What are immunizations?
Immunizations, also called vaccinations, protect children and adults from certain diseases. Immunization consists of administering a vaccine that contains fragments of the microbial germs involved (bacterial or viral strains) or small amounts of it. The vaccine stimulates the person's immune system to produce antibodies, which can subsequently recognize and destroy the pathogenic germs upon exposure. Sometimes, immunization does not completely protect against the onset of the disease, but it significantly reduces its severity. Immunizations are usually given as injectables. Some vaccines are given in a single dose, others require multiple repeated doses over time.
Why should we get vaccinated?
Vaccinations ensure the protection of adults and children against various diseases. In addition, they reduce the transmission of the disease to other people. Immunizations caused a significant decrease in the frequency of outbreaks. Immunization costs less than the treatment of the disease against which it is protected, has very few serious adverse effects and is often required at school or kindergarten.
What side effects can occur after vaccination?
Adverse effects of vaccines are generally minor, if they occur eventually. These may include:
Serious adverse reactions to vaccines, such as high fever (above 40.3 ° C) or dyspnea, are rare. If the child has an unusual reaction, he or she should contact the family doctor. The risk of a serious complication of the disease is far greater than the risk of having an adverse reaction to vaccination. It is recommended to report severe post-vaccine reactions. The only vaccines that were mentioned due to high safety concerns were the 1976 flu vaccine for pigs and the rotavirus vaccine in 1999.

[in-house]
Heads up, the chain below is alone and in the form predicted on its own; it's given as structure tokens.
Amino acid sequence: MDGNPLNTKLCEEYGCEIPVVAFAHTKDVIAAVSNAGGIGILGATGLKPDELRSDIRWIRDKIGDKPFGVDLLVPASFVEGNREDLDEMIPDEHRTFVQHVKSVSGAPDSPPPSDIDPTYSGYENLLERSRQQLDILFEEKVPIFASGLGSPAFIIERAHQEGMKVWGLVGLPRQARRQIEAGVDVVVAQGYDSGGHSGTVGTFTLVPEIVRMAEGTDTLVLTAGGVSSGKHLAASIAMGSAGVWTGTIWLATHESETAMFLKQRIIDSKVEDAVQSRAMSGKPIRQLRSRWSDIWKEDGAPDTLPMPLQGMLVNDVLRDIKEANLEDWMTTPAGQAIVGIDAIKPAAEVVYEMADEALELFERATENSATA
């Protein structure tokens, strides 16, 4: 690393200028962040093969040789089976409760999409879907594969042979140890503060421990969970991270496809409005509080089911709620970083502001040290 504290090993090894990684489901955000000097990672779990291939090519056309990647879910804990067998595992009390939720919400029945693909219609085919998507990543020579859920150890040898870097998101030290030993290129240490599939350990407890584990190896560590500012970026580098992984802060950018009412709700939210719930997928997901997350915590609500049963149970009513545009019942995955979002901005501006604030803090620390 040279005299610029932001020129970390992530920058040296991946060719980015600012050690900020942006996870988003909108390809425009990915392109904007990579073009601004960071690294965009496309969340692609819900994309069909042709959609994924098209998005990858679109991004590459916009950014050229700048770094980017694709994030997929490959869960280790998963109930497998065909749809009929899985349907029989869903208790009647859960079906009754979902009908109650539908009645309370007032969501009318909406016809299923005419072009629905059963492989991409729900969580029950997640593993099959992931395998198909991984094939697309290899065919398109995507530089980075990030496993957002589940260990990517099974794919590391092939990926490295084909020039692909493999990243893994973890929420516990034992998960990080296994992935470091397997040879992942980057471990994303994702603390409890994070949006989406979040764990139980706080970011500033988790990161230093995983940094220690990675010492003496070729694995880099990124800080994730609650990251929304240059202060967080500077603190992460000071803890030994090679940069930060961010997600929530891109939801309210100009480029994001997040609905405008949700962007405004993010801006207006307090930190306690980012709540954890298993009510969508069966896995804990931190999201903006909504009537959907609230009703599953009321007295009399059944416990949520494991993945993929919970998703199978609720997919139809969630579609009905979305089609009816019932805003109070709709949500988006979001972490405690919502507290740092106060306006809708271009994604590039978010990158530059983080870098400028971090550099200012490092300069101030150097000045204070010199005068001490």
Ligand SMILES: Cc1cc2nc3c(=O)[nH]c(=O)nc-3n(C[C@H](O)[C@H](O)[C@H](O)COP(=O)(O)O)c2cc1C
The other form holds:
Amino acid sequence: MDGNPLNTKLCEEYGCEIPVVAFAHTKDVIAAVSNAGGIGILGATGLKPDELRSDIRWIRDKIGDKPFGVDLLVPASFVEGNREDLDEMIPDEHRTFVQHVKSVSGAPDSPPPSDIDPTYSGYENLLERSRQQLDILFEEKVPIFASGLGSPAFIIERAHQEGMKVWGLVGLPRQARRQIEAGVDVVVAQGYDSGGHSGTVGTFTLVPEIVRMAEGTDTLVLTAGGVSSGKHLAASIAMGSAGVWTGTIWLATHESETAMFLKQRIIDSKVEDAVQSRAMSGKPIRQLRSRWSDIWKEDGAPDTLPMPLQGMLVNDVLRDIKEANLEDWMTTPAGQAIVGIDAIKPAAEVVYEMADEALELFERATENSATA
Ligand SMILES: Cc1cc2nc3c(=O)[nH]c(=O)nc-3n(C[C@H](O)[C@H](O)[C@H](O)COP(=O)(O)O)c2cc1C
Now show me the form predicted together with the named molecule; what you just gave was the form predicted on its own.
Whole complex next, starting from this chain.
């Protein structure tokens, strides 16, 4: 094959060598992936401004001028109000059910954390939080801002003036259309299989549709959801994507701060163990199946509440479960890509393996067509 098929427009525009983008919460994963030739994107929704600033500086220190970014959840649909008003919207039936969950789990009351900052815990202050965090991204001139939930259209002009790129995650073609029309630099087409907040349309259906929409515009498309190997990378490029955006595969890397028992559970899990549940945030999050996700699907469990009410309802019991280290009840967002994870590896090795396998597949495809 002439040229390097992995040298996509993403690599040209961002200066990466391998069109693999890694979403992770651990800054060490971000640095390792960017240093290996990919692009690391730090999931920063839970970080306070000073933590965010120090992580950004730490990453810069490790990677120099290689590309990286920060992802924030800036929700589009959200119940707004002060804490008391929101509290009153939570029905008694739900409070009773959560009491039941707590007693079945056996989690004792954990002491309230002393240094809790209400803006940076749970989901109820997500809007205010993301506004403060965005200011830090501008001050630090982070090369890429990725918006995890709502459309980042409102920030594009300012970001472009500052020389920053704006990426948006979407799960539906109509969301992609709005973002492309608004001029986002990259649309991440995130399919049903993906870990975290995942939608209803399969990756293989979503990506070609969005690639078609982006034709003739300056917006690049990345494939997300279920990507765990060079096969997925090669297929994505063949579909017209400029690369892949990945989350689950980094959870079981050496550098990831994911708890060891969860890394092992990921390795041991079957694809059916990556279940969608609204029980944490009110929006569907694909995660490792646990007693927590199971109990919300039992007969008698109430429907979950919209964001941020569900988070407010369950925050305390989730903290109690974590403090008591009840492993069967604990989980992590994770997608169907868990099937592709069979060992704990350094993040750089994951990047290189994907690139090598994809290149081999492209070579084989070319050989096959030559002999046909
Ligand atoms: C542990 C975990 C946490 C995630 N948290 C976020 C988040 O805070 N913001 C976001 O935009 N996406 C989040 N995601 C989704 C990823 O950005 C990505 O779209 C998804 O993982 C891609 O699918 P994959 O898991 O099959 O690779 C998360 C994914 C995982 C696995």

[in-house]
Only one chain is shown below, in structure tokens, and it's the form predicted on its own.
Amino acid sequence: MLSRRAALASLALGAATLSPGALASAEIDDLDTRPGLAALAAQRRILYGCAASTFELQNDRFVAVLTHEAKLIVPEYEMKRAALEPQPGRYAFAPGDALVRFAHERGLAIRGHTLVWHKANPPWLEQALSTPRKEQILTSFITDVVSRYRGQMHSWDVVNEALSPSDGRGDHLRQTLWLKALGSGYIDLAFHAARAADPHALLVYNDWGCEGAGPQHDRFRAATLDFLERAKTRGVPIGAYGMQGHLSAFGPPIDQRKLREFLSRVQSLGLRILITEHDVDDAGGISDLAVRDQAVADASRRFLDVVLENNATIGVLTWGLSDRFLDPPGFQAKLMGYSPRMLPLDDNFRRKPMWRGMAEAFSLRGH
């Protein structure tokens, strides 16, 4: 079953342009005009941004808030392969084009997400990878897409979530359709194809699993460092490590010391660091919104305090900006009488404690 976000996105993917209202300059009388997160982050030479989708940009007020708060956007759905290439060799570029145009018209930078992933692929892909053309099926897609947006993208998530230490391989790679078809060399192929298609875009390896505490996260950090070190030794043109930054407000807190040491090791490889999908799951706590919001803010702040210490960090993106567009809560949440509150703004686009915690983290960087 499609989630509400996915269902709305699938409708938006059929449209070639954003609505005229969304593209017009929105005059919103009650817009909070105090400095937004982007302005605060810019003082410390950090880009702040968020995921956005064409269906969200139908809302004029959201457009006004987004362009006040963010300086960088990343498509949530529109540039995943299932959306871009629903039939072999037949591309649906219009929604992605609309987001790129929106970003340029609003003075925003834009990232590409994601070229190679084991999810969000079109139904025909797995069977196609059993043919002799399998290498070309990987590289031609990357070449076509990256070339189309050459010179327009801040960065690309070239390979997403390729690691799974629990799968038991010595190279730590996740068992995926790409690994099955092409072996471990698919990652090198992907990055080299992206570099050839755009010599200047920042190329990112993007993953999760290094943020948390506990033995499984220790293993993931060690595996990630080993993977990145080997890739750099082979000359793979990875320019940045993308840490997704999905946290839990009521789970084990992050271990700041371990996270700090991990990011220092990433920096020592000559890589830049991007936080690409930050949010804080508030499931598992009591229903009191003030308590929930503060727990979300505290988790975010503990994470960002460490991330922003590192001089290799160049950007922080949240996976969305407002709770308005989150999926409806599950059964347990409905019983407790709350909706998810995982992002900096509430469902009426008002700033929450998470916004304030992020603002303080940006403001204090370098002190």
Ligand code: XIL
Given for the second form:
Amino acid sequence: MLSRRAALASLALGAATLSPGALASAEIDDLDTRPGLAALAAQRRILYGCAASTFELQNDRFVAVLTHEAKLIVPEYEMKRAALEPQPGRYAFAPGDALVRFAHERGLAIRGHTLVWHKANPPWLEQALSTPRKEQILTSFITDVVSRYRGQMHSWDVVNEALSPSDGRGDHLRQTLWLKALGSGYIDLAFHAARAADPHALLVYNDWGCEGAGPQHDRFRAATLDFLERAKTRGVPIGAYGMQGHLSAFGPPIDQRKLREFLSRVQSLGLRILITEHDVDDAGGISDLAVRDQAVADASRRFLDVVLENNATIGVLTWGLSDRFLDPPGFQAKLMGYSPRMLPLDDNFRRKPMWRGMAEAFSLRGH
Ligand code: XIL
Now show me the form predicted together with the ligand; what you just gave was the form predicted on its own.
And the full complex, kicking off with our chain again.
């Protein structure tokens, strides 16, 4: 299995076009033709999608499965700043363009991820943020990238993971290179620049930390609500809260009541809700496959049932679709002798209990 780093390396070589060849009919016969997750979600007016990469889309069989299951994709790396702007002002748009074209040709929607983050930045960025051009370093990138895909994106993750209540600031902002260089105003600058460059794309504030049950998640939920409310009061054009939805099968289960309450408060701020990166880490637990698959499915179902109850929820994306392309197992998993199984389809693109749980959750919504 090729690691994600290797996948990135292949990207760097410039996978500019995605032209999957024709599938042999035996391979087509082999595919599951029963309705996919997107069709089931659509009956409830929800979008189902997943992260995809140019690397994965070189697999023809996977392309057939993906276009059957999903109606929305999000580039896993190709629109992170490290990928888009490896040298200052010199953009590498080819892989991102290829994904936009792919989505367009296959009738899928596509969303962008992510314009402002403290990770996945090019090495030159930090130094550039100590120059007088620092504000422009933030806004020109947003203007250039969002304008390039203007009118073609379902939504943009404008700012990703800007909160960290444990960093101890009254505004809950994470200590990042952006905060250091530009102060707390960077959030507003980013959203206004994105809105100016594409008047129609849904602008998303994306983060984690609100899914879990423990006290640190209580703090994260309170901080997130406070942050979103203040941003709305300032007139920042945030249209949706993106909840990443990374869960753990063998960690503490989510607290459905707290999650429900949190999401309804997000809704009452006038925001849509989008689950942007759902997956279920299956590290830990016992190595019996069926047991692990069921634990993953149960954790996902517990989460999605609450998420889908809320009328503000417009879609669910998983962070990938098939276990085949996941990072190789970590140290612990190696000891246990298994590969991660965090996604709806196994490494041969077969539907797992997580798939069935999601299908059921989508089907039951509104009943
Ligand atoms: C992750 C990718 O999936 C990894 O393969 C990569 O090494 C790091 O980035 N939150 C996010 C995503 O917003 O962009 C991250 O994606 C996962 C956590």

Research by international health services is ongoing to better understand the type of reactions that can be caused by vaccines and how to reduce the risk of complications, which is already minimal.
Vaccine efficiency in disease prophylaxis
Although no vaccine is 100% effective, most childhood vaccines are 85-95% effective for children receiving them. Some individuals do not develop complete immunity even if given the vaccine. If these people are exposed to the disease, they can become infected. However, the symptoms are usually milder as a result of previous vaccination.
The standard child immunization program includes vaccines for:
Influenza vaccine is not indicated for children younger than 6 months. It is recommended for:
|First day of life||Hepatitis B|
|The first 4-7 days||Hepatitis B (Hep B)|
|2 months||Diphtheria-tetanus-pertussis-hepatitis B vaccine (DTP-Hep B) and oral polio vaccine (VPO)|
|4 months||Diphtheria-tetanus-pertussis vaccine (DTP) and oral polio vaccine (VPO)|
|6 months||Diphtheria-tetanus-pertussis-hepatitis B vaccine (DTP-Hep B) and oral polio vaccine (VPO)|
|1 year||(DTP) Oral polio vaccine (VPO)|
|1 year - 1 year and 3 months||Rujeolic-rubeolic-oreion (RRO) vaccine|
|2 years and 6 months - 3 years||Diphtheria-tetanus-pertussis (DTP) vaccine|
|7 years||Pediatric diphtheria-tetanic (DT) vaccine, Rujeolic-rubeolic-oreion (RRO) vaccine|
|9 years||Oral polio vaccine (VPO)|
|14 years||Pediatric diphtheria-tetanic vaccine (DT), rubella vaccine (Rub)|
|18 years||Hepatitis B (Hep B)|
Newborn vaccine tags